Article: Scales of Perfection

Contributed by Jérôme Petit

Eleven 'Steps of Perfection'

This manuscript painting shows the 'fourfold community' of Jains listening to a Jina. All four parts of the Jain community are crucial and interdependent. Lay men and lay women are shown on the top rows with monks and a nun below

Fourfold community
Image by Wellcome Trust Library © Wellcome Library, London

Progressing from the lay part of the Jain community to the mendicant element is understood to be very difficult. To help the lay person move from the fifth guṇa-sthāna up to the sixth, the Jain doctrine proposes 11 more steps – the pratimās.

The Sanskrit term pratimā means 'image' or 'statue'. In particular, it refers to the Jinas represented in art in the kāyotsarga posture. This involves standing as immobile as a statue, with arms held loosely alongside the body, which is seen as a model to follow because it is associated with very deep meditation.

The 11 steps are meant to allow lay people who wish to progress spiritually to live increasingly similarly to the mendicant lifestyle. The pratimās involve meditation and gradually renouncing activities and habits to improve self-control and improve detachment.

The table gives details of the 11 pratimās.

'Eleven Steps of Perfection' – pratimās


Sanskrit term

English meaning




step of belief

The lay person simply has a firm faith in the Jain teaching.



step of taking the vows

The believer becomes a full 'member' of the Jain community by taking the fundamental vows of all Jains, namely to:

  • never injure living beings – ahiṃsā
  • always tell the truth – satya
  • never steal – asteya
  • be chaste – brahmacarya
  • not acquire possessions – aparigraha.



step of equanimity

The lay person practises meditation in the posture of kāyotsarga and tries to consider everything with the same eye, giving the same weight to all points of view.



step of fasting during holy days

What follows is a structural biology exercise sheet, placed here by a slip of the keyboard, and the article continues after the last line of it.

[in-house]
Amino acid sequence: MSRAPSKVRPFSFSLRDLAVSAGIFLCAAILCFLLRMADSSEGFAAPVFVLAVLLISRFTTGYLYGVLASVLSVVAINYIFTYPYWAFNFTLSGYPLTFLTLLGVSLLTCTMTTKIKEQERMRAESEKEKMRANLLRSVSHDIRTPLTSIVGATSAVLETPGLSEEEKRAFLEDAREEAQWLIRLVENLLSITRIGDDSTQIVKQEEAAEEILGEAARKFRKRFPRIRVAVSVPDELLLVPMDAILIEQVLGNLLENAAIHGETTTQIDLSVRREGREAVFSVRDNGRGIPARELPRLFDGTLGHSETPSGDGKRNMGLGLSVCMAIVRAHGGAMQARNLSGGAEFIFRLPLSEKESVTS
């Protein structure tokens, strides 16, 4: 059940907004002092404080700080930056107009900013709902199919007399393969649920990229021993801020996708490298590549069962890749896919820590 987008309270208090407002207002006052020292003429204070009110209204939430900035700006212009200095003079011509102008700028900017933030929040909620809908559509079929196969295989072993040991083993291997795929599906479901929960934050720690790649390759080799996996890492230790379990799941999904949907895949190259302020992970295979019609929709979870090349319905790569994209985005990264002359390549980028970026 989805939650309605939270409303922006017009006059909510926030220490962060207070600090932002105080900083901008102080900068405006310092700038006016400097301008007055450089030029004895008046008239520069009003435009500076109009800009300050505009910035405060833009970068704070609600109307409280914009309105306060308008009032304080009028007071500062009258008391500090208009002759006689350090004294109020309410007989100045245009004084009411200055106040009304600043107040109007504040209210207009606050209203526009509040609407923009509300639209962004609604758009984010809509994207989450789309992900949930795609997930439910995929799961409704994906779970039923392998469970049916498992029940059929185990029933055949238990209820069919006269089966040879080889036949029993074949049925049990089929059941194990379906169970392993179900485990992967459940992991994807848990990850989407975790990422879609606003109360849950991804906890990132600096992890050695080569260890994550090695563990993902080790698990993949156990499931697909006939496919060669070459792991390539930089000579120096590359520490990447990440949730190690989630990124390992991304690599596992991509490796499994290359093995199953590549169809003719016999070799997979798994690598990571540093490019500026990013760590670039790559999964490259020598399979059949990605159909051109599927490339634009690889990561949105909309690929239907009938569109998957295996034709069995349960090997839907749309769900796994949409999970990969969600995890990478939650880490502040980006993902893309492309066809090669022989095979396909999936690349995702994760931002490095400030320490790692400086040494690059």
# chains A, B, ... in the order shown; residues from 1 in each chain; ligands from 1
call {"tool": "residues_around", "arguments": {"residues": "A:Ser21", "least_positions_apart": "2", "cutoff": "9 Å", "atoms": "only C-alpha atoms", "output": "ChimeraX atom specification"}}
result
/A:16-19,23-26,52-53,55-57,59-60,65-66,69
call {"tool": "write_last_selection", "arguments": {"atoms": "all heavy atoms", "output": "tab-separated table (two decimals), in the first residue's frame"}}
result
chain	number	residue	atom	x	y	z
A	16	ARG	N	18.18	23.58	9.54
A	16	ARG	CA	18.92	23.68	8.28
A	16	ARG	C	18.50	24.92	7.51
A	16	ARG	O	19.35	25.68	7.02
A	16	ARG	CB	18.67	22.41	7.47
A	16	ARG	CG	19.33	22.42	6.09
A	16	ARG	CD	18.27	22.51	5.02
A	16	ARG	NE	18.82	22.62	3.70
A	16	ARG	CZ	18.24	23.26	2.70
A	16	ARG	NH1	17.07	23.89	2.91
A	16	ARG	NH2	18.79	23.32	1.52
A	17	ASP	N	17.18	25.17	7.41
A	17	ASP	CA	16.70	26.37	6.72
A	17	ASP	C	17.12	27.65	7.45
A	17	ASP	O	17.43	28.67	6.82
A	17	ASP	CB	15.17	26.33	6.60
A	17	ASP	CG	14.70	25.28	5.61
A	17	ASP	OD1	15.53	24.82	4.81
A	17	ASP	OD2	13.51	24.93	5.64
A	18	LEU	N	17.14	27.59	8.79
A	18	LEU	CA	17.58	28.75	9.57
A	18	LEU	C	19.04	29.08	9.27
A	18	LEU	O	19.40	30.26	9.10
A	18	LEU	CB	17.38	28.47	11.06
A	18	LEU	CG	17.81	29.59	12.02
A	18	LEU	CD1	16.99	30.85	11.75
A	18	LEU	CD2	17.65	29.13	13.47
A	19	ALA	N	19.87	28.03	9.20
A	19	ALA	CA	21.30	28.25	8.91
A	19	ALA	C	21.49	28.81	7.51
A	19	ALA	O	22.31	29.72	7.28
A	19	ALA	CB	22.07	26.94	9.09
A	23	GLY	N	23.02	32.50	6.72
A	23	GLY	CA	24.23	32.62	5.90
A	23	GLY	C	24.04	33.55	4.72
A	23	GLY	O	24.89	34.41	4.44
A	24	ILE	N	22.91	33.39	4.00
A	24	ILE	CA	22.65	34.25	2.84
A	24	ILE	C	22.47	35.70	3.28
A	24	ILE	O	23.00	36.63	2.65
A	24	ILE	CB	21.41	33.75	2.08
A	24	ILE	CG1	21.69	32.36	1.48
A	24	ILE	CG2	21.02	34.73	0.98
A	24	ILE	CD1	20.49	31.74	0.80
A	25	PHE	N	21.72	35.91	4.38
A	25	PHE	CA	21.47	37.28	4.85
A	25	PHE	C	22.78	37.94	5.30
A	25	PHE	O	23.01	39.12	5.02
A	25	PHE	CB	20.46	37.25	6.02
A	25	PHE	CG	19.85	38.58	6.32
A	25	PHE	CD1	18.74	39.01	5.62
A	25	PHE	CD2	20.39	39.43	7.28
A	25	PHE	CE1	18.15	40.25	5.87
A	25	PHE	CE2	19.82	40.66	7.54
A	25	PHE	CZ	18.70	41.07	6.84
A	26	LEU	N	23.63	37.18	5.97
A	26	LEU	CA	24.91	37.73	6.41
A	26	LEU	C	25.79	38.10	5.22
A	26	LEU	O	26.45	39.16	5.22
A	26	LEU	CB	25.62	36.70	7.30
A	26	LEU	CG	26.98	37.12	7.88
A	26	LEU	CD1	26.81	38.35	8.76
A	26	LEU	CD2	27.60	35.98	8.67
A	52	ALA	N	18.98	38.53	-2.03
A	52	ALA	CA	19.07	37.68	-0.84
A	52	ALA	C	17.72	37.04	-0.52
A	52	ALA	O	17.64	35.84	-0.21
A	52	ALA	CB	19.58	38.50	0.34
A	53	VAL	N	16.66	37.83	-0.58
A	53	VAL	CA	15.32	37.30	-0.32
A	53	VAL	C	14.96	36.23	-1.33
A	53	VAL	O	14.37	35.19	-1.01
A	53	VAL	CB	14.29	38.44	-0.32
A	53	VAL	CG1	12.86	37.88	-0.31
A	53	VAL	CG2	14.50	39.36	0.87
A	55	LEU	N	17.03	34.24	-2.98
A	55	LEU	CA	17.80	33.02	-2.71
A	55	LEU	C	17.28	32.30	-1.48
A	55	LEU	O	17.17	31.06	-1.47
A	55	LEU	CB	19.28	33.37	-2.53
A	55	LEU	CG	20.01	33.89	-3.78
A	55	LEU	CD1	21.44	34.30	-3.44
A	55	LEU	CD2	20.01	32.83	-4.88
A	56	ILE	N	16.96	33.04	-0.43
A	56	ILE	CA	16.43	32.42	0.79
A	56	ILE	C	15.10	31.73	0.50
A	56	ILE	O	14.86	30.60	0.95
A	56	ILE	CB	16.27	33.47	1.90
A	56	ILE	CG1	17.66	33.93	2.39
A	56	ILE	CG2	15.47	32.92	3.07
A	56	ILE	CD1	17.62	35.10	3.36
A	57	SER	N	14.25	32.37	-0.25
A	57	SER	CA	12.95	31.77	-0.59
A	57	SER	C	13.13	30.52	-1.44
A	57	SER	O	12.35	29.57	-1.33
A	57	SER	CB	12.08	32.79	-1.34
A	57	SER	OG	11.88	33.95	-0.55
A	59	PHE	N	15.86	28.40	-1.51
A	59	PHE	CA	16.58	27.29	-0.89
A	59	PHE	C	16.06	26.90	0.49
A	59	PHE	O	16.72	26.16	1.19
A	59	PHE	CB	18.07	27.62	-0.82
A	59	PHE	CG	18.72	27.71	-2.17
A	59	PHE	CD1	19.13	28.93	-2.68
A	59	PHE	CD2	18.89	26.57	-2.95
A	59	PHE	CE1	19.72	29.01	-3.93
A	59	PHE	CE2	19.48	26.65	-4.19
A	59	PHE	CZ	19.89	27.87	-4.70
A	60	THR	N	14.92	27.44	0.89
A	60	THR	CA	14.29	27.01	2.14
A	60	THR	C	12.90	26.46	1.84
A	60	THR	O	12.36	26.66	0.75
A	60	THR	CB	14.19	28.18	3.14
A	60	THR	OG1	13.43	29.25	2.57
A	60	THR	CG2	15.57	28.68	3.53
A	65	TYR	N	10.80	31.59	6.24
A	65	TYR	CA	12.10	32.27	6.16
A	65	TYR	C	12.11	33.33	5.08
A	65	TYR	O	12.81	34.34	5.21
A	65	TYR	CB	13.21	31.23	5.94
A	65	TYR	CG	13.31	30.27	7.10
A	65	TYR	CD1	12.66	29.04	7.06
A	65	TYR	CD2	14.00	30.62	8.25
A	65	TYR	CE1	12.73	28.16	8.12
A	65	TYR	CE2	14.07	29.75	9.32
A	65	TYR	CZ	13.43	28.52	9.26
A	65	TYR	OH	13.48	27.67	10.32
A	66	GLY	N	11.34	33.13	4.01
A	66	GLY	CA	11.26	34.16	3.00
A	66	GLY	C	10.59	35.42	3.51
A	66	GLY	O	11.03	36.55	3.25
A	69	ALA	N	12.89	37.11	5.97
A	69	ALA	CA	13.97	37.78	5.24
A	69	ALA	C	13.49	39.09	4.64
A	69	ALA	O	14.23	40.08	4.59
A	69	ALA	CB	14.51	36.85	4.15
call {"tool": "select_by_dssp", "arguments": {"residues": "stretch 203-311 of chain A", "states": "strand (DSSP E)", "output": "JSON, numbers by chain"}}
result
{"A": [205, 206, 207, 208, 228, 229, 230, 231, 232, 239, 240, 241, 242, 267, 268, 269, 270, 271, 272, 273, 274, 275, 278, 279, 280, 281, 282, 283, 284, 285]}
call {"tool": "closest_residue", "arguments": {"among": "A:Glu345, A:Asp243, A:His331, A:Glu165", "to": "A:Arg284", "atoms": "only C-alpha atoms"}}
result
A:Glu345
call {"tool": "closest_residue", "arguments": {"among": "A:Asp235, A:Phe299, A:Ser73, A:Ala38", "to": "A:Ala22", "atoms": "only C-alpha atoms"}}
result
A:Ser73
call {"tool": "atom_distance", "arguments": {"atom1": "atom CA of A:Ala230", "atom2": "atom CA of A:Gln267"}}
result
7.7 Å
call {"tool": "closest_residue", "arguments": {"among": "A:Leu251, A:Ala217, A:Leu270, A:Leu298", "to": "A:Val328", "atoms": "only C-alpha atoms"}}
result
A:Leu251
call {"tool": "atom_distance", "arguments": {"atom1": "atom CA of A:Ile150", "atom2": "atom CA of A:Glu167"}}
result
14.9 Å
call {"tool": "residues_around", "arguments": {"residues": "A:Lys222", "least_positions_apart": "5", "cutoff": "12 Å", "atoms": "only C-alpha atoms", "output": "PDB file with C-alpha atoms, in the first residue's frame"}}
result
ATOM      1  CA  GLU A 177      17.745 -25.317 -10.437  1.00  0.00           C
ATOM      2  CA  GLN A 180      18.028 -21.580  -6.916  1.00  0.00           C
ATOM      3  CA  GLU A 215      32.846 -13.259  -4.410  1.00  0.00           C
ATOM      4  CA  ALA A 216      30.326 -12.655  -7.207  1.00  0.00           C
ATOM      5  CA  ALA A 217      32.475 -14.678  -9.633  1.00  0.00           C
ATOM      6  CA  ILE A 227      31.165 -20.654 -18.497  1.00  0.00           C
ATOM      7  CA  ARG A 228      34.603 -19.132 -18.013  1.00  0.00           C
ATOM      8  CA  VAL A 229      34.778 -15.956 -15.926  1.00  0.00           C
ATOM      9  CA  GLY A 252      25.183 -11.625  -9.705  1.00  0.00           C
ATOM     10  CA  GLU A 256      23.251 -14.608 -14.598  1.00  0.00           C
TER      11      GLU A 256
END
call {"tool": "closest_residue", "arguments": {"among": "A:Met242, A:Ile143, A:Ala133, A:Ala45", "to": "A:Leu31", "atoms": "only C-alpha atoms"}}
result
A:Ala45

The devotee fasts on certain days, training to face the difficulties of fasting.



step of renouncing food containing living beings

The lay person pays attention to the habits of daily life by rejecting food containing living beings. Examples include roots and tubers, such as potatoes, onions and aubergines.



step of renouncing sexual enjoyment

The lay person renounces sexual enjoyment during the daytime, which is a first step before complete celibacy. It is sometimes read as rātri-bhukta-tyāga – the ‘renunciation of eating at night’ – which prevents accidentally harming living beings.



step of complete celibacy

The devotee accomplishes total celibacy.



step of renouncing daily activities

This step marks a real transition from the 'householder life' to that of a mendicant, in that the devotee does not take an active role in the normal duties of the household and business.



step of renouncing possessions

This step sees the lay person definitively leave the life of a householder by renouncing all possessions.



step of renouncing permitted activities

The devotee only eats what other people give him and does not cook his own food, which is permitted before this stage. Even advisory roles in standard household and business life are given up.



step of renouncing prescribed food

This point marks the lay person's final stage towards initiation as a mendicant. He or she is now ready to attain the sixth guṇa-sthāna and to take the vows of monk or nun.
The devotee lives with a group of ascetics, adopting the mendicant lifestyle. After this preparatory stage, the novice may progress to full initiation as a mendicant.
The Śvetāmbara tradition names this step the 'becoming monk' – śramaṇa-bhūta.
The Digambara tradition has more parts in this stage, namely the:

  • junior monk – kṣullaka – who wears three pieces of cloth, and the junior nun – kṣullikā
  • monk – ailaka – who wears one piece of cloth.

The Digambara belief that souls cannot be emancipated while embodied within women means that women are technically not permitted to become nuns among the sect. The highest pratimā level a Digambara woman can reach is the 11th stage, according to Wiley (2004). Therefore she remains a lay woman, although she lives as a mendicant and takes the vows of a mendicant, albeit with a slightly modified vow of non-attachment.